01/21/19  Senate: Reported from General Laws and Technology with substitute (9-Y 3-N 1-A)

YEAS--Ruff, Locke, Barker, Vogel, Ebbin, Surovell, McPike, Dunnavant, Mason--9.

NAYS--Black, Reeves, Suetterlein--3.

ABSTENTIONS--DeSteph--1.

ERA Clears Senate Committee, Faces Uncertainty in House

Supporters of the Equal Rights Amendment gather to greet legislators Wednesday afternoon

By Georgia Geen and Alexandra Zernik, Capital News Service

RICHMOND — An 8-6 vote by a Senate committee Wednesday brought the federal Equal Rights Amendment one step closer to passing the General Assembly — which could make Virginia the 38th and final state necessary to add the ERA to the U.S. Constitution.

The Senate Privileges and Elections Committee voted to approve a resolution that Virginia ratify the ERA, which was proposed by Congress in 1972 and would prevent federal and state governments from passing laws that discriminate on the basis of sex.

The six Democrats on the committee were joined by two Republicans — Sens. William DeSteph of Virginia Beach and Jill Holtzman Vogel of Fauquier — in voting for the resolution. The other six Republicans on the panel voted against it.

The resolution — SJ 284 — was sponsored by a bipartisan group of 15 senators and three House members.

The committee’s decision will send the resolution to the Senate floor for a vote. While supporters are optimistic about bipartisan support in the Senate — which has passed similar proposals five times since 2011 — the same isn’t true in the House.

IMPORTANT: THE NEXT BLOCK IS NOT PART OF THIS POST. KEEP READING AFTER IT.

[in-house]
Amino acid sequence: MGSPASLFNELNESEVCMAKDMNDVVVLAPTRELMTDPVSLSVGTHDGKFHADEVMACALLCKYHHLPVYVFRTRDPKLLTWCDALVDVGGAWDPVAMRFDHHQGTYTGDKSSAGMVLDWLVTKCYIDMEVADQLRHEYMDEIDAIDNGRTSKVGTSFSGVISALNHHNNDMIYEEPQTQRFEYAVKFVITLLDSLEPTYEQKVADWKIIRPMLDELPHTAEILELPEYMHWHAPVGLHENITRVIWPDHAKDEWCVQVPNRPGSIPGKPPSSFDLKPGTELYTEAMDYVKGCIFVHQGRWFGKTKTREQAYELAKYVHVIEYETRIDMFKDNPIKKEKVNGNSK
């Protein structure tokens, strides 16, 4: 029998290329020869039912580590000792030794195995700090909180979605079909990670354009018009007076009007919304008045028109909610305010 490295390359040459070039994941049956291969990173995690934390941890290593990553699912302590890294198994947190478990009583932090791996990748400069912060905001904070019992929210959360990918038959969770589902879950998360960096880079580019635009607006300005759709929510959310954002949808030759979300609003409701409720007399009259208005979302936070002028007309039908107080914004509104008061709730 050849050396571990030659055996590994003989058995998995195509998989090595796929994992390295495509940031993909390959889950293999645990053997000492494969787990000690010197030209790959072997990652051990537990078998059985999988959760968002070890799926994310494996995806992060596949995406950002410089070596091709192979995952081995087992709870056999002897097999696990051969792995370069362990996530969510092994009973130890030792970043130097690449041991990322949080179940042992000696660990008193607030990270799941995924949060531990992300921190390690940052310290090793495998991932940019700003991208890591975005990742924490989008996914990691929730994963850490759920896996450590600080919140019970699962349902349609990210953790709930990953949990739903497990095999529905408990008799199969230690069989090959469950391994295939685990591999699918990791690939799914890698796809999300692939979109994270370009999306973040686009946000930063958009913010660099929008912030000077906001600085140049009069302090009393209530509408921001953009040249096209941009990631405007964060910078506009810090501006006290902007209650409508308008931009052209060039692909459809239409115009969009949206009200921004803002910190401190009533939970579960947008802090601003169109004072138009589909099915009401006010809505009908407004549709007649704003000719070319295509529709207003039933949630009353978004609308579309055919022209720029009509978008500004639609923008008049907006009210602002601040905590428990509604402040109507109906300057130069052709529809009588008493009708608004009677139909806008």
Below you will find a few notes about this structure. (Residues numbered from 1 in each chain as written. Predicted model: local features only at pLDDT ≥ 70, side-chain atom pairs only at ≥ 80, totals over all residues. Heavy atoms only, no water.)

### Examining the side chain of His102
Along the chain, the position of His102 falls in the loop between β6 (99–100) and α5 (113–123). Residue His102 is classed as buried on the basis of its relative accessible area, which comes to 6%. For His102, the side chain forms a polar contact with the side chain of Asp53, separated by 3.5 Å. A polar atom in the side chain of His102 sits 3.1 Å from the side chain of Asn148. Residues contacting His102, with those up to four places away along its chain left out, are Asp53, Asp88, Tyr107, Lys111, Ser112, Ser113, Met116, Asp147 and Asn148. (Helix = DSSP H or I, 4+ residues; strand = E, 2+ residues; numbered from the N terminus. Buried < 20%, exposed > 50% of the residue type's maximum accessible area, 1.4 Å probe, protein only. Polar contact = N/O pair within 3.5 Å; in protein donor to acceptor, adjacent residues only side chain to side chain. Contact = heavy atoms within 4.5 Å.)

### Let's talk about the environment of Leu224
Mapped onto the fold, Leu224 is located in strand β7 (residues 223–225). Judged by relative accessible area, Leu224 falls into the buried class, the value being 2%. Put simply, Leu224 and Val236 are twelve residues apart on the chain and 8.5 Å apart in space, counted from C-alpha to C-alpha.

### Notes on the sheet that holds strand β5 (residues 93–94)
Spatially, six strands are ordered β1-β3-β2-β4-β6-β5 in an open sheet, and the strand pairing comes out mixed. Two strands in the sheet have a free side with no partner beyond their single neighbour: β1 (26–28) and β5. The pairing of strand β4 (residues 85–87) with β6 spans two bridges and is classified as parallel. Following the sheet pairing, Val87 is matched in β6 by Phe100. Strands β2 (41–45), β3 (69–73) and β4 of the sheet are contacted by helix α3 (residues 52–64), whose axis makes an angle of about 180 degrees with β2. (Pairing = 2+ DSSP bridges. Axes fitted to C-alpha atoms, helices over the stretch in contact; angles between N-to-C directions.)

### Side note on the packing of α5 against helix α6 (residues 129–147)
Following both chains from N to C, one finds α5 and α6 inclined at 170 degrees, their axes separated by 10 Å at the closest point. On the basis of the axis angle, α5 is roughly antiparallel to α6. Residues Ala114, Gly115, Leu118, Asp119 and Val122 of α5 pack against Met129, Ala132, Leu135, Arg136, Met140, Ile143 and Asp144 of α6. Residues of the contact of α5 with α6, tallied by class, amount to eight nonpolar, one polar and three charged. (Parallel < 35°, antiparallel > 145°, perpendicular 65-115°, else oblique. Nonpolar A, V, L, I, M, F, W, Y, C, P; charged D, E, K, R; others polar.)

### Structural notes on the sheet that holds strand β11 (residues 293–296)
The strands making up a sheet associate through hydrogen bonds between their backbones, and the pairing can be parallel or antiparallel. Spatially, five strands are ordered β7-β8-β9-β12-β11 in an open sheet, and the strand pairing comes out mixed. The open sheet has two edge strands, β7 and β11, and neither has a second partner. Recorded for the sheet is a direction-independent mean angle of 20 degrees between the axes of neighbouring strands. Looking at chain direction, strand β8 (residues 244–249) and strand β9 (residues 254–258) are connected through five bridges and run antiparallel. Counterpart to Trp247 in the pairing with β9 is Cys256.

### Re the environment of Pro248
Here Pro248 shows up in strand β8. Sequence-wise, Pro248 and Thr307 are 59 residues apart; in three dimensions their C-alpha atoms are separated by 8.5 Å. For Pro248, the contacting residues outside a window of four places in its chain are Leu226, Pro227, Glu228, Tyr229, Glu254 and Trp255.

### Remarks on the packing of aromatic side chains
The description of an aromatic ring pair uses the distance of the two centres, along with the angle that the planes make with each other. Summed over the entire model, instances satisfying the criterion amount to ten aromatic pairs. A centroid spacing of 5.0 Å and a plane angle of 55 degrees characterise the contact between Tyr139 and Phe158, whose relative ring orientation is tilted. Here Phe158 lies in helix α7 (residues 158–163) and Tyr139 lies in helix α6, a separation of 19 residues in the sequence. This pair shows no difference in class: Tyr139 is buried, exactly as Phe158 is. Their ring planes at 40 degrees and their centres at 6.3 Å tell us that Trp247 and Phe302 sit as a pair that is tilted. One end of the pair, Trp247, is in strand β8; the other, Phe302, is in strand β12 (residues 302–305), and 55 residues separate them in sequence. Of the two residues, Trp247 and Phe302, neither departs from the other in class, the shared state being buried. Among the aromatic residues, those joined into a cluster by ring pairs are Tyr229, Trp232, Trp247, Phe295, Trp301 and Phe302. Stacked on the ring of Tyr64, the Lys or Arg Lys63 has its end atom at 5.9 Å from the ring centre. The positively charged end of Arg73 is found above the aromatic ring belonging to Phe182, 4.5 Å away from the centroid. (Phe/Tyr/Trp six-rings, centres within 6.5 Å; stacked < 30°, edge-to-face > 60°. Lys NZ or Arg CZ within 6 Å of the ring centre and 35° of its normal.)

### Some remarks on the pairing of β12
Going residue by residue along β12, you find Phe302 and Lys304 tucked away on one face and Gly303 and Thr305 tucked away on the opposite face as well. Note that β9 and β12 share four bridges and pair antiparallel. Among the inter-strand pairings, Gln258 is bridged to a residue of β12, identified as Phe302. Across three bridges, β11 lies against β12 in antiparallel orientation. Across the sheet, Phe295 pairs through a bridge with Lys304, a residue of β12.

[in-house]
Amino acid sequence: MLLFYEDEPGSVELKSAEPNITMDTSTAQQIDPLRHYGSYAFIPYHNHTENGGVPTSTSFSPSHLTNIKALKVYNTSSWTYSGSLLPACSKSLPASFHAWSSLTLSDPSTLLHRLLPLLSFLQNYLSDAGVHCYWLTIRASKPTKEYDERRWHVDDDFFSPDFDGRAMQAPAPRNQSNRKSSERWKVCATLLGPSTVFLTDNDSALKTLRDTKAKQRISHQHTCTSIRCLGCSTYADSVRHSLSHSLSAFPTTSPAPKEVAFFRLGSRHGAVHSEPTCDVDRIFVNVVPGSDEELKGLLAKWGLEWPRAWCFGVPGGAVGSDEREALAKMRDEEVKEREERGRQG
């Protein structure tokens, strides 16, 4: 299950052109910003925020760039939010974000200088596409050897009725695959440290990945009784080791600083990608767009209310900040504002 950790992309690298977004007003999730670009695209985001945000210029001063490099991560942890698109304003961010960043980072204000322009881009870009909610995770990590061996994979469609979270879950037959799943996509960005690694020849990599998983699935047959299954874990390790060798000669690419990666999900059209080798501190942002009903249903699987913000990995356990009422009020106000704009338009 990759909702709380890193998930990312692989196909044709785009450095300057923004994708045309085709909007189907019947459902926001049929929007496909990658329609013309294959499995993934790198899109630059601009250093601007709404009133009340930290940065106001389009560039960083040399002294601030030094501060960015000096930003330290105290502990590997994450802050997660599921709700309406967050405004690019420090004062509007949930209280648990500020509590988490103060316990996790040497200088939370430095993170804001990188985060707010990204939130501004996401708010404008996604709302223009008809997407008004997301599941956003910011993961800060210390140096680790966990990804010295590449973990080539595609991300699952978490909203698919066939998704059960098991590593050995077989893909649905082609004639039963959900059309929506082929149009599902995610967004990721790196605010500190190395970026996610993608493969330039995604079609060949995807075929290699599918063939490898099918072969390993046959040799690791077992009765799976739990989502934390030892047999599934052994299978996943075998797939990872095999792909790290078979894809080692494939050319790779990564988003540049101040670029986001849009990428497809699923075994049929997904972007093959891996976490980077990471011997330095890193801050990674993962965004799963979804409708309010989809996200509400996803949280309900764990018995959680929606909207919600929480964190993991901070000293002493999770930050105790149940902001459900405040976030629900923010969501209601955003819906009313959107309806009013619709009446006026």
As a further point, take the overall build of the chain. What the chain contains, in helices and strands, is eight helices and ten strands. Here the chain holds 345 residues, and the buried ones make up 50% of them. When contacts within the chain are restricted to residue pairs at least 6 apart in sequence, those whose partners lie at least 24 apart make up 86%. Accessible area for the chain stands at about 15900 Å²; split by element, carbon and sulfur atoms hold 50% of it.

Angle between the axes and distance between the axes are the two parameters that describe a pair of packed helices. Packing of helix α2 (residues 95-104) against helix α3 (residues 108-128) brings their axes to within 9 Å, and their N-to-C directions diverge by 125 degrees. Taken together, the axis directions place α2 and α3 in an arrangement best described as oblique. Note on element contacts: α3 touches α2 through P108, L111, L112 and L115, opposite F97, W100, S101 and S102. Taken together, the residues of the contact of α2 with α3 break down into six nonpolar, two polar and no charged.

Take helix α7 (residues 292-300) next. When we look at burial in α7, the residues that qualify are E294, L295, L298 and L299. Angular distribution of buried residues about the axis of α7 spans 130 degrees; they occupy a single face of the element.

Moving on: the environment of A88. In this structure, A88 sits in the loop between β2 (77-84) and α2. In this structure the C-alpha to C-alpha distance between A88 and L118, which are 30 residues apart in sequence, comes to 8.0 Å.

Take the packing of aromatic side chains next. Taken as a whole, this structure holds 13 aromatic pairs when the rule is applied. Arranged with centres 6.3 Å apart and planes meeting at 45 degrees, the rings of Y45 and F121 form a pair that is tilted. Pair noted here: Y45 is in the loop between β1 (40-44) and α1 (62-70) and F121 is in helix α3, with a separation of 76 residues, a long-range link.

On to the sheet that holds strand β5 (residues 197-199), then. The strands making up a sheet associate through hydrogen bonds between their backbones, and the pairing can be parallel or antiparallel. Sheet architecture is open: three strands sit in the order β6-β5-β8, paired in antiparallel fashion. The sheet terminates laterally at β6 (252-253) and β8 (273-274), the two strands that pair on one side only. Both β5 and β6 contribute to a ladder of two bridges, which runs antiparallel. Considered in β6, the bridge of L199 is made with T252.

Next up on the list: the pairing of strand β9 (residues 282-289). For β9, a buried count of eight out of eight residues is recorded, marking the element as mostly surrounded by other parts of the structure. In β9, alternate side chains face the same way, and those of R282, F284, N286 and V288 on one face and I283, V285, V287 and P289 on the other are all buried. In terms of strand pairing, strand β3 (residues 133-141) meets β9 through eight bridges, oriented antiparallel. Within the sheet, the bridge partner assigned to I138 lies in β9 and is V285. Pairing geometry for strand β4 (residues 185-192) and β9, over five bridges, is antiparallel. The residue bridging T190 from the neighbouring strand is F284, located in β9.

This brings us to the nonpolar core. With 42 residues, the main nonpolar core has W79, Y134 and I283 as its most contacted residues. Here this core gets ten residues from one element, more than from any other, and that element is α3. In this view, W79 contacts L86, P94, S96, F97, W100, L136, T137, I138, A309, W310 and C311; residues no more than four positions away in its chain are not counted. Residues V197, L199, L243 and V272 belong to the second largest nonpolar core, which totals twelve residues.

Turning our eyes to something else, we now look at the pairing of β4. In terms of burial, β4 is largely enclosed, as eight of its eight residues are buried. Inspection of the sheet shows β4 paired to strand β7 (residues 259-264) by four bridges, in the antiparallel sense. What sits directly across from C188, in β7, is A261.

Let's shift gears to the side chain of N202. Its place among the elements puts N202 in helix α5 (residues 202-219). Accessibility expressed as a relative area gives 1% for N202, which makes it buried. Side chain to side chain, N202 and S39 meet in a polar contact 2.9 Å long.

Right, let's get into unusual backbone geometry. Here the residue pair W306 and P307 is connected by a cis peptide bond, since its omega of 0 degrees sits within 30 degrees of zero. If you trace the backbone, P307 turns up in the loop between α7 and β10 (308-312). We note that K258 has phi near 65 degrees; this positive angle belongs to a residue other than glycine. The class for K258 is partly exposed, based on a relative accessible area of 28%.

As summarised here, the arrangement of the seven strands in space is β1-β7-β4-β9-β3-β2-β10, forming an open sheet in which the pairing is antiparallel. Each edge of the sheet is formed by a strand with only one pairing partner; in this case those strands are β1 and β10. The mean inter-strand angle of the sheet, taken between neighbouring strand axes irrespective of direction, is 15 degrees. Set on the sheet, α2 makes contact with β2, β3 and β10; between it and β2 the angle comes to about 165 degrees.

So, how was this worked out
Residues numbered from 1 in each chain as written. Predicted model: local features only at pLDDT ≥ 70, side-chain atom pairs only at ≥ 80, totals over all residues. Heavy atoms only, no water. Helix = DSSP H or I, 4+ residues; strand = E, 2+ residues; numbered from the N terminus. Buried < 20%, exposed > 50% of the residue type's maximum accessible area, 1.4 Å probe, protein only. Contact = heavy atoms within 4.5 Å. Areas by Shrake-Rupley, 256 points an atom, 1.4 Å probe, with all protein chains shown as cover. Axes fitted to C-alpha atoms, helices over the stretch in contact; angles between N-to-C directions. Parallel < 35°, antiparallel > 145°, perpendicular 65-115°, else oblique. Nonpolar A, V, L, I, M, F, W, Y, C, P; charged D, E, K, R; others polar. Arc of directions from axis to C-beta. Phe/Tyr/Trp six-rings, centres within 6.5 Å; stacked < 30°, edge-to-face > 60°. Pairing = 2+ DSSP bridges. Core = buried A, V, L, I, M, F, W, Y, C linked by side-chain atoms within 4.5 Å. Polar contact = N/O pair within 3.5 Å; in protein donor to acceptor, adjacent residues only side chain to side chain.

A co-sponsor of the resolution, Del. Hala Ayala, D-Prince William, said it will face Republican opposition. If it clears the full Senate, SJ 284 would go to the House Privileges and Elections Committee, where such resolutions have traditionally died.

Every Democrat on the House panel has signaled support for ratifying the ERA, but no Republican has followed suit. The lack of GOP support in the House committee represents the biggest hurdle for the resolution, said Candace Graham, co-founder of Women Matter, a group dedicated to ratifying the ERA.

“We feel very confident that if we can get those couple of votes on the [House] committee that we need for it to go to the floor, then it will pass on the floor,” Graham said.

When first introduced in 1923, the ERA did not pass in Congress. Renewed interest in 1972 pushed the amendment through Congress, and it was ratified by 35 states within the 10-year period before the 1982 deadline.

An amendment needs approval from three-fourths of the states — or 38 — for ratification.

A conservative movement led by political activist Phyllis Schlafly — who said the amendment would make all laws “sex-neutral” and subject women to the draft — played a role in leaving the ERA three states short of the 38 it needed for federal ratification at the time.

In recent years, there has been a revived push toward ratification. In 2017, Nevada became the 36th state to ratify the ERA, followed by Illinois the next year.